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Disc Brakes: How do they work?

4 October 2018
Disc Brakes: How do they work?

Disc Brakes: How do they work?

4 October 2018
Disc Brakes: How do they work?

Disc Brakes: How do they work?

04 Oct. 2018

Everything you need to know about disc brakes

Nowadays, almost every serious sportive cyclist is equipped with a set of blinking disc brakes on his/her bike. Some love them and others see them as unnecessary add-on. But, fact is that they help you as a cyclist on every challenging ride. So, we will explain how these disc brakes work and what needs your special attention.

Mountainbike met schijfremmen

Time to choose: mechanical of hydraulic

There are disc brakes in two different system variants: mechanical or hydraulic. Both will provide you with very good braking power in dry and wet circumstances and are very durable. When using the mechanical disc brakes, the power that you use to pinch the brake lever will be transported to the brakes through a cable. It works the same as conventional brake systems. If you have used it intensively or for a longer time, the cable will stretch and the braking power shall decrease. In this situation it is time for some maintenance.

The hydraulic disc brake works with oil that is transported through a brake line to the calliper. The pressure of this transportation will push the pistons in the calliper towards the disc. Benefit is this system is its weight, it is lighter than the mechanical one. Besides this, it gives you the opportunity to brake more moderate. An ingenious system that knows less power loss. More power will be preserved. But, it is possible to get air into the line which makes it necessary to bleed the brake system. And this will be a precise task.

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Two kind of discs: 6-Bolt or Centerlock

There exist a lot of different kinds of discs but only two ways to mount them on your wheel. The 6-bolt is the most common manner. In this case the disc will be attached to the wheel on six different points. It is very important to keep the disc centered when mounting it.

Do you want to be secured of a well aligned disc? In this case you can use the Centerlock system. With this system you mount the disc to the wheel by using a big ring. This makes sure the disc will always be centered on the axle of the wheel. When you use BBB discs you have to use an adapter when you want to work with the Centerlock system.

Discs in different sizes

Discs are available in different sizes from 140mm to 203mm. When choosing the perfect disc for your bike there is one general rule. The bigger the disc, the harder and better the braking. Bigger discs are used for the heavier braking work. And they will cool down more quickly. But on the other hand the smaller ones are a bit lighter. If you made your choice for the best width, make sure you mount the correct adapter as well. Because the calliper needs to be on the right distance for the disc to fit in.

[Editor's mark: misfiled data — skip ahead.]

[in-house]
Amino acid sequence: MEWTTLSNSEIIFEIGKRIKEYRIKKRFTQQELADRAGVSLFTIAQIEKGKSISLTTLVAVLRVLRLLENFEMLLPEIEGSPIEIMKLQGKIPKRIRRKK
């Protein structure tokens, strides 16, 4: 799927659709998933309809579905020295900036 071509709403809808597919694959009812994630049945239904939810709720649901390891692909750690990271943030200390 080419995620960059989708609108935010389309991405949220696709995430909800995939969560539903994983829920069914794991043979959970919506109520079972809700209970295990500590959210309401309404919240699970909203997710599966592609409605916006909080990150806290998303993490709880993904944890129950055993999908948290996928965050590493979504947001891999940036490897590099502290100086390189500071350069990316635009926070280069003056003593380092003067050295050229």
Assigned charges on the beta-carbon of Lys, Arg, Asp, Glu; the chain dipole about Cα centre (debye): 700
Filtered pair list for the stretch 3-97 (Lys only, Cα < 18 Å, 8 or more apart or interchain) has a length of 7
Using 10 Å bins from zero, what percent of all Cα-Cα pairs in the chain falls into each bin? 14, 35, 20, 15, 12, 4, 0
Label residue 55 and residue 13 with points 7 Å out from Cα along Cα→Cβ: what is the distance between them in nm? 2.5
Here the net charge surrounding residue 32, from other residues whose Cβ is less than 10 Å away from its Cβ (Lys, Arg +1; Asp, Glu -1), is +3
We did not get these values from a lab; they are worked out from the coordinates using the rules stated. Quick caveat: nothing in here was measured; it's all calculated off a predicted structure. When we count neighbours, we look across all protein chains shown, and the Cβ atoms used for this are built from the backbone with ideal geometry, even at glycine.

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How to choose the best braking pad

The last part of a disc brake system are the braking pads. These exist in a lot of different kinds. So, it is important to select which pad fits in your braking system. For all disc brake systems we have four types of pads available. The DiscStop, DiscStop E-bike, DiscStop HP and DiscStop Sintered.

Discstop E-bike
Discstop HP
Discstop Sintered

Our product range in braking pads is compatible with all regular disc brake systems. From Shimano, SRAM / Avid, Magura, Hope, Formula, Tektro, Hayes and Giant. Use the picture below to check which pads are a fit with the disc brake system on your bike. Enlarge the picture by clicking on it or check it out here.

How to maintain your disc brakes?

Adjusting and maintaining your disc brakes is lees difficult than you think. Only if you have a set of hydraulic disc brakes you need to get used to the system. But, with some extra tools you can easily maintain your own braking system. It isn’t more difficult than working on conventional brakes. Want to read more about the maintenance of your disc brakes?

How to adjust a disc brake?

How to replace disc brake pads?

How to change a disc brake, disc?

When maintaining your disc brakes, watch out with using oils and other lubricants. Even oil on your fingertips can have negative effects on the braking power. Did you get grease on your fingers while working on your bike? Don’t forget to clean this part of the bike properly or replace this part.